The characteristics of the head are important.
When considered in proportion to the size of the dog the head is inclined to lightness and never appears massive. Both, in front and profile view, the head bears a general resemblance to a well blunted lean wedge, being smooth and clean in outline and nicely balanced in proportion. On the sides, it tapers gradually and smoothly from the ears to the end of the black nose, without being flared out in backskull (cheeky) or pinched in muzzle (snipy). In profile view the top of the backskull and the top of the muzzle lie in two approximately parallel, straight planes of equal length, divided by a very slight but perceptible stop or break point between the inside corners of the eyes (which is the centre of a correctly placed stop) . The end of the smooth, well-rounded muzzle is blunt, (but not square). The underjaw is strong, clean-cut and the depth of skull from the brow to the under part of the jaw is not excessive. There is a very slight prominence of the eyebrows. The backskull is flat, without receding, either laterally or backward and the occipital bone is not highly peaked. The proper width of backskull necessarily depends upon the combined length of skull and muzzle, and the width of the backskull is less than its length.

Because of the combination of the flat skull, the arched eyebrows, the slight stop and the rounded muzzle, they are necessarily placed obliquely to give them the required forward outlook. The eyes are almond-shaped, of medium size, and never appear to be large or prominent. The colour is dark and the eye does not show a yellow ring or a sufficiently prominent haw to affect the dog's expression. The eyes have a clear, bright appearance, expressing intelligent inquisitiveness, particularly when the ears are drawn up and the dog is on the alert. In "Blue Merle's", dark brown eyes are preferable, but either or both eyes may be merle or china in colour.

The ears are in proportion to the size of the head and, if they are carried properly, break naturally and are seldom too small. Large ears usually cannot be lifted correctly off the head, and even if lifted, they will be out of proportion to the size of the head. When in repose the ears are folded lengthways and thrown back into the frill. On the alert they are drawn well up on the backskull and are carried about three-quarters erect, with about one-quarter of the ear tipping or breaking forward.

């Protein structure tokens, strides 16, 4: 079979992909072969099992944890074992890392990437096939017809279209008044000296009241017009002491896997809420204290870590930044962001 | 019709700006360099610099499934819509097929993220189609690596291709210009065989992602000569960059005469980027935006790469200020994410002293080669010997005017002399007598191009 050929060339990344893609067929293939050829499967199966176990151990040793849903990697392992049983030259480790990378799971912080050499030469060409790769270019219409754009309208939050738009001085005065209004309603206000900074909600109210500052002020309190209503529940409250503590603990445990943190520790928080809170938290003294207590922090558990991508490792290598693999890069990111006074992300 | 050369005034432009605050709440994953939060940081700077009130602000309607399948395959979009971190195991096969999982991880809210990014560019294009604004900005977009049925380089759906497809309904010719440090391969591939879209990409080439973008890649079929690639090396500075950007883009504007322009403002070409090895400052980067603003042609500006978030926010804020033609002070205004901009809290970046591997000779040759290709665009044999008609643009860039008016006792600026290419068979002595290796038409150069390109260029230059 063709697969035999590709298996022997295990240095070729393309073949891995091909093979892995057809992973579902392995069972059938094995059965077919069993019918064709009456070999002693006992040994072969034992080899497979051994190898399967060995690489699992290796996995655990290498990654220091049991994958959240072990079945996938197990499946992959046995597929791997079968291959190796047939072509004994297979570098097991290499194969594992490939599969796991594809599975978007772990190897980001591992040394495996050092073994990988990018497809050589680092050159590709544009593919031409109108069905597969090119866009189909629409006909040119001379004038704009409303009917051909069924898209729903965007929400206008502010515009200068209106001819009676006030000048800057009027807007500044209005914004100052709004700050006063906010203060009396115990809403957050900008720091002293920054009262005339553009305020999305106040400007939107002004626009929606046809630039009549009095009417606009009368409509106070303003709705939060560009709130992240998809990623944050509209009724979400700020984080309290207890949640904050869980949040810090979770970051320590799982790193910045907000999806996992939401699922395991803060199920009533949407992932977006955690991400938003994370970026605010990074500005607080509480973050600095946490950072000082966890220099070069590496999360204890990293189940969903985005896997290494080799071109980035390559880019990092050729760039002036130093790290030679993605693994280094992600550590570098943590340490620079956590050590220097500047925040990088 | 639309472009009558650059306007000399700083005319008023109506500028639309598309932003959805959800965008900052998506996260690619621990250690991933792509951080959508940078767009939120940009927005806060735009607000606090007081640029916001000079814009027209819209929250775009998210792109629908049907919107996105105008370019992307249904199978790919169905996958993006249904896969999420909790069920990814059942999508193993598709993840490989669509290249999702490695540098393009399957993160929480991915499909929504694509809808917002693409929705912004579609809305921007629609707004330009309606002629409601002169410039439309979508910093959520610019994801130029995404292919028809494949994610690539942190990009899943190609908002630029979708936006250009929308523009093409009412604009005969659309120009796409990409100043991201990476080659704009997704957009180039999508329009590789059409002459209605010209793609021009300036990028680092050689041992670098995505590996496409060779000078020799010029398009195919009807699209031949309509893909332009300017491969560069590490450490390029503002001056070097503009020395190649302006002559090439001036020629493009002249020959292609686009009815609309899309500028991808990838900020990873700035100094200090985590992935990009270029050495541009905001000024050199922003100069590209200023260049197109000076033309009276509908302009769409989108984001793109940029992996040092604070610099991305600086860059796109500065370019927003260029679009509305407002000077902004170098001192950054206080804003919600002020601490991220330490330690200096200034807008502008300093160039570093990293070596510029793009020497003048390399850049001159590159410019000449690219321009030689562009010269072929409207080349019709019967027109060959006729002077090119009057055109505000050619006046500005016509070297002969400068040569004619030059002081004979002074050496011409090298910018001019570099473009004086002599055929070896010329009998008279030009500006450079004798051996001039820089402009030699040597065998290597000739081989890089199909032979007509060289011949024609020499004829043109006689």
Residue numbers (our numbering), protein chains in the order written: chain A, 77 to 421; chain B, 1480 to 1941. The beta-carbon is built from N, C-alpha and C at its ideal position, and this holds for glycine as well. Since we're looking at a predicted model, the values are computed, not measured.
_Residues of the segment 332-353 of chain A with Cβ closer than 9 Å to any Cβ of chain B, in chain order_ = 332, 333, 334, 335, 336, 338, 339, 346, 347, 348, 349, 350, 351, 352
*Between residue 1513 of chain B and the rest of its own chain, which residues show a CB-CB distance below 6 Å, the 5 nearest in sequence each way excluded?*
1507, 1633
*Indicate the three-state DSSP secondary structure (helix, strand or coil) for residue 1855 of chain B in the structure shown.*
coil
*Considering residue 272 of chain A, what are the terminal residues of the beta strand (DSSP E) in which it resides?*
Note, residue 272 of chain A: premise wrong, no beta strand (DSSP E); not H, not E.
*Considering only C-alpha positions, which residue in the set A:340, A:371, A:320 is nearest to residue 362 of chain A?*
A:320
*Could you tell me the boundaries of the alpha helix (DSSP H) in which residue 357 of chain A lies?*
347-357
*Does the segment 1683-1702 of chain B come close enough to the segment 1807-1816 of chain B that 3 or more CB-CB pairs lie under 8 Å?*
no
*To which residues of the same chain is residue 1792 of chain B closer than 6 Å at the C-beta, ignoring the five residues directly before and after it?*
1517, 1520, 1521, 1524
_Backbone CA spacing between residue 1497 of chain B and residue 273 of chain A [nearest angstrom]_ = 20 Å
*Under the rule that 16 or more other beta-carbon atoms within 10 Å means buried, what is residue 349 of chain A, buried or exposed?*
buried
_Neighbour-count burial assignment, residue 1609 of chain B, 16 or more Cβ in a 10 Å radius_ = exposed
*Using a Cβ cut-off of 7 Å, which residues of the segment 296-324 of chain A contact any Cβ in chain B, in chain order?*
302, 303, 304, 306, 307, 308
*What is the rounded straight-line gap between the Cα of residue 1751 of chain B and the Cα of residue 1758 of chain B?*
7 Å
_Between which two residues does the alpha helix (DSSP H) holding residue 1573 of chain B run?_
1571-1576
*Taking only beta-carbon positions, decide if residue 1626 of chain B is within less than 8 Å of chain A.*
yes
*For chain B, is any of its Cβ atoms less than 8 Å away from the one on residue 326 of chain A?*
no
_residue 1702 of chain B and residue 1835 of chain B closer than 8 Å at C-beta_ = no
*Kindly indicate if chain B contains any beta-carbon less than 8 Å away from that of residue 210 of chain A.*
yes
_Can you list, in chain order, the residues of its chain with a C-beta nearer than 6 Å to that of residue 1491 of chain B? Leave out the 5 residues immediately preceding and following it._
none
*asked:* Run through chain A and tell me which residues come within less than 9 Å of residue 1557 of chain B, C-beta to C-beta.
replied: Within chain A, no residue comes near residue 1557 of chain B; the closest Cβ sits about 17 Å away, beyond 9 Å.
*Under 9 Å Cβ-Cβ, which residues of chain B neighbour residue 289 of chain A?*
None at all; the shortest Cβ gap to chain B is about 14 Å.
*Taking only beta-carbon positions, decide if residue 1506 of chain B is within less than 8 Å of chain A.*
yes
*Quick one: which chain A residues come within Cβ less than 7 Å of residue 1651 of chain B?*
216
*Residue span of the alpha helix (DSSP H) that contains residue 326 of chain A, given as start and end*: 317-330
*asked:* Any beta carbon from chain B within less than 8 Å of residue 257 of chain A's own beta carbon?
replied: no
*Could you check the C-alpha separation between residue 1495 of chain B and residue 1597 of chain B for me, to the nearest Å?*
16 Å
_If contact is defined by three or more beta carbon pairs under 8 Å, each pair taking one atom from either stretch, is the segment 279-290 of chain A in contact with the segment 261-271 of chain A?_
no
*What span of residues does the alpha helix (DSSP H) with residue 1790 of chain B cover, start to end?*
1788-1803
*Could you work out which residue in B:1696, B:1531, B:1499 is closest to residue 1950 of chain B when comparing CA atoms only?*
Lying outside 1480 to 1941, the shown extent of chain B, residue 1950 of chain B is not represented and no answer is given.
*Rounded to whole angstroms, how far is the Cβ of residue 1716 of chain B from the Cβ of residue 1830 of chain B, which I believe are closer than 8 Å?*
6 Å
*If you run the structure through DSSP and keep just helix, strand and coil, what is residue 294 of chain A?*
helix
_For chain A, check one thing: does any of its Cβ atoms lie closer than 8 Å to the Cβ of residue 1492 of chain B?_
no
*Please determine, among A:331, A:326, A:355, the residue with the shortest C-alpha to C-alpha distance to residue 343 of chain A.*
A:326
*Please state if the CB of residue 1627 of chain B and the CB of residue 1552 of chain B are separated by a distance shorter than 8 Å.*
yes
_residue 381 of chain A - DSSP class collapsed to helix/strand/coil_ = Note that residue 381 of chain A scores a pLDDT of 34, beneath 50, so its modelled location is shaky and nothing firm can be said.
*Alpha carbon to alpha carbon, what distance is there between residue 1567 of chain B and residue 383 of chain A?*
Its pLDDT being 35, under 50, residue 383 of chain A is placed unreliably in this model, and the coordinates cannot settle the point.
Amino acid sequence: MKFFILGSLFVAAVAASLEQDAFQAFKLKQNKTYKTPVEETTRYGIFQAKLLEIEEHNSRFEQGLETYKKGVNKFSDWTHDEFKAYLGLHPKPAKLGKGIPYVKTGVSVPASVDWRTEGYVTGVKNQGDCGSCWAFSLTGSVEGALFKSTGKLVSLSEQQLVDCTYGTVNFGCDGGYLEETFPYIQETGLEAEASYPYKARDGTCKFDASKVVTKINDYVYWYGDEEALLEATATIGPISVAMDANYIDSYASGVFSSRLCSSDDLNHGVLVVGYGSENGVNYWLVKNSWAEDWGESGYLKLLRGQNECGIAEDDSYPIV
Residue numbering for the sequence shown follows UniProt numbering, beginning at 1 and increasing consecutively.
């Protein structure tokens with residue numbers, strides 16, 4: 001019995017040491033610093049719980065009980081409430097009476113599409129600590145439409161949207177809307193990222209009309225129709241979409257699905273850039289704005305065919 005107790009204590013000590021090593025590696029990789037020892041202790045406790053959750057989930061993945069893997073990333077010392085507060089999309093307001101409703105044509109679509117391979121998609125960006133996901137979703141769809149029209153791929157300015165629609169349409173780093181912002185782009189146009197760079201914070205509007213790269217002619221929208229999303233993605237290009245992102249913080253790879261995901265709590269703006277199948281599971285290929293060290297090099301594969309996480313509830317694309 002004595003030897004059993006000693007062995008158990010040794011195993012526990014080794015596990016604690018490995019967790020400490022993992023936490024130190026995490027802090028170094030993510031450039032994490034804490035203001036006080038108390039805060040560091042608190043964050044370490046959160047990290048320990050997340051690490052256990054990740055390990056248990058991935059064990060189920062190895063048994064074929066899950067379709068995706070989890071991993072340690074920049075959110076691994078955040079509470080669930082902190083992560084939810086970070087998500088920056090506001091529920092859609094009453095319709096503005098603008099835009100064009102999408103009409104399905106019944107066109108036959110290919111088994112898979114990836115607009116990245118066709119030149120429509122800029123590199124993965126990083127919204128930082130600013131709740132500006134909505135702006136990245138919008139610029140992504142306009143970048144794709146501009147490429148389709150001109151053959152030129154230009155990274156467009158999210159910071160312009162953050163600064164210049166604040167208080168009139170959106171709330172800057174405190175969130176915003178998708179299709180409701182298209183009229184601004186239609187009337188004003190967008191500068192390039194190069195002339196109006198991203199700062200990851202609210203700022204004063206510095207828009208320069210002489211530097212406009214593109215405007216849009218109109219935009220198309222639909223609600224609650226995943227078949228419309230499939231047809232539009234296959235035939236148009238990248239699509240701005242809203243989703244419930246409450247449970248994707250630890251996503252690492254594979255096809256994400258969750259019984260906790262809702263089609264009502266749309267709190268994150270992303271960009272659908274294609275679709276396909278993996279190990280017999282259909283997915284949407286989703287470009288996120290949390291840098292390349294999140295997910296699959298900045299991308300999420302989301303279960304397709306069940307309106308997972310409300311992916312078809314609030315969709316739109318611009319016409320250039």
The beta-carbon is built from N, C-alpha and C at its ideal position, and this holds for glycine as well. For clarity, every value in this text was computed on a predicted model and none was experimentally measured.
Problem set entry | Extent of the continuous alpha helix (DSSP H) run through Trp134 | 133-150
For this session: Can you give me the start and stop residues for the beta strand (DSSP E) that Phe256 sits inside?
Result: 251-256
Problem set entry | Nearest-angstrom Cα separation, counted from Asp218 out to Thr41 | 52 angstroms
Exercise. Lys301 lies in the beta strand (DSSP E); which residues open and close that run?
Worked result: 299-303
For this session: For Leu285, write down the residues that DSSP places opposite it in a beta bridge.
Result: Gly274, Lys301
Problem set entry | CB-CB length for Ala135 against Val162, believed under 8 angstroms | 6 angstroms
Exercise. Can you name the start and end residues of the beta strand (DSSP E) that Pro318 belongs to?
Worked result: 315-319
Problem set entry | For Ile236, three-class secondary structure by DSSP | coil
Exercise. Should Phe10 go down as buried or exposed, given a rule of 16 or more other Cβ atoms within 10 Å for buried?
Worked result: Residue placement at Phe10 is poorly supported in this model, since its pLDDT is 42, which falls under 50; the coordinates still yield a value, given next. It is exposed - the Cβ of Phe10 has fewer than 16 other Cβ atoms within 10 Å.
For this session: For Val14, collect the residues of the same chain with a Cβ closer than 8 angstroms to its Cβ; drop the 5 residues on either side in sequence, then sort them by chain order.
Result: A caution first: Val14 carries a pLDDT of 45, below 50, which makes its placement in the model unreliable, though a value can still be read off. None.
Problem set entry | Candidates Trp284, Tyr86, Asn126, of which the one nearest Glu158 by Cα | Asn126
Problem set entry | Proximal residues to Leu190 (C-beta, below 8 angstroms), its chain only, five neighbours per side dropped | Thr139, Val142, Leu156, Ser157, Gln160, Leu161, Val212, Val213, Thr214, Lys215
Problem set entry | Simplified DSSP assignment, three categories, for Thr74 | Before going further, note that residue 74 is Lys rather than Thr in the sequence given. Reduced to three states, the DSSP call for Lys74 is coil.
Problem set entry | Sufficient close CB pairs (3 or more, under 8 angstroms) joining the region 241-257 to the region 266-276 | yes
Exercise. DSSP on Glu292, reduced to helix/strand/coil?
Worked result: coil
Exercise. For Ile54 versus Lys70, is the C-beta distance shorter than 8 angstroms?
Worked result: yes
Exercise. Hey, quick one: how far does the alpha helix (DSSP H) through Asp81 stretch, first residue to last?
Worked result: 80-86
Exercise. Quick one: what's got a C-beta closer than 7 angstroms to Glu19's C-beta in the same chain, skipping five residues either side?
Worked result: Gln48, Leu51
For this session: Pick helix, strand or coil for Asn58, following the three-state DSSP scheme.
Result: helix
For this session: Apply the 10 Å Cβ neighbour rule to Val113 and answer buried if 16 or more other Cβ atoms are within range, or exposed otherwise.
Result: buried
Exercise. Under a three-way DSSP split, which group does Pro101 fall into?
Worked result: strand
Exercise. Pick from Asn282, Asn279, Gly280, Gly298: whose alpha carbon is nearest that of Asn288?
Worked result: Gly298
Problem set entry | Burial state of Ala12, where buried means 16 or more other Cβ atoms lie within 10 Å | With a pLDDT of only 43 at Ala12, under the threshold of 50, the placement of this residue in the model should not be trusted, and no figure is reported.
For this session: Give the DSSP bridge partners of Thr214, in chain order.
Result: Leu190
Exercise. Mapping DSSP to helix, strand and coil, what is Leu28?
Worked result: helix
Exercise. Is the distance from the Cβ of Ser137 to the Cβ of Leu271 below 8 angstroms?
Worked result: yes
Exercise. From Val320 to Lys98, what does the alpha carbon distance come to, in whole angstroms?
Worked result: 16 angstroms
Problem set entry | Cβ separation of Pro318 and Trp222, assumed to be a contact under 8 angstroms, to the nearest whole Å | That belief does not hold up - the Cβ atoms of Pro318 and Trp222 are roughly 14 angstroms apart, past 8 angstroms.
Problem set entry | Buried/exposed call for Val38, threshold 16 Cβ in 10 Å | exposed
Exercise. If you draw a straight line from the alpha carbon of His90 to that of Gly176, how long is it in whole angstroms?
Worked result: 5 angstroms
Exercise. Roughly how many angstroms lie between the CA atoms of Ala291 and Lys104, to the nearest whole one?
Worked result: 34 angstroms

The neck is firm, clean, muscular, sinewy, and heavily frilled. It is fairly long, carried upright with a slight arch at the nape and shows a proud, upstanding appearance showing off the frill.

The body is firm, hard and muscular, a trifle long in proportion to the height. The ribs are well-rounded behind the well-sloped shoulders and the chest is deep, extending to the elbows. The back is strong and level, supported by powerful hips and thighs and the croup is sloped to give a well-rounded finish. The loin is powerful and slightly arched. Noticeably fat dogs, dogs in poor flesh, with skin disease, or with no undercoat are out of condition.

The forelegs are straight and muscular, with a fair amount of bone considering the size of the dog. The forearm is moderately fleshy and the pasterns are flexible but without weakness. The hind legs are less fleshy, muscular at the thighs, very sinewy and the hocks and stifles are well bent. The comparatively small feet are approximately oval in shape. The soles are well padded and tough, and the toes are well arched and close together.

The tail is moderately long, the bone reaching to the hock joint or below. It is carried low when the dog is quiet, the end having an upward twist or swirl. When the dog is excited it is carried gaily but not over the back.

The well-fitting, proper-textured coat is the crowning glory of the "Rough Collie". It is abundant, except on the head and legs. The outer coat is straight and harsh to the touch. The undercoat, however, is soft, furry and so close together that it is difficult to see the skin when the hair is parted. The coat is very abundant on the mane and frill. The face or mask is smooth. The forelegs are smooth and well feathered to the back of the pasterns. The hind legs are smooth below the hock joints. The hair on the tail is very profuse and on the hips it is long and bushy.

There are four recognised colours, and they are "Sable and White", "Tricolour," "Blue Merle" and "White."

The "Sable and White" is predominantly sable (a fawn sable colour of varying shades from light gold to dark mahogany) with white markings usually on the chest, neck, legs, feet and the tip of the tail. A blaze may appear on the foreface or backskull or both.

The "Tricolour" is predominantly black, carrying white markings as in a "Sable and White" and has tan shadings on and about the head and legs.

The "Blue Merle" is a mottled or "marbled" colour predominantly blue-grey and black with white markings as in the "Sable and White" and usually has tan shadings as in the "Tricolour."

The "White" is predominantly white, preferably with sable, tricolour or blue merle markings.

Dogs are from 24 to 26 inches at the shoulder and weigh from 60 to 75 pounds. Bitches are from 22 to 24 inches at the shoulder, weighing from 50 to 65 pounds.

I have put a few tips for buying a dog / pup at the following link Buying Tips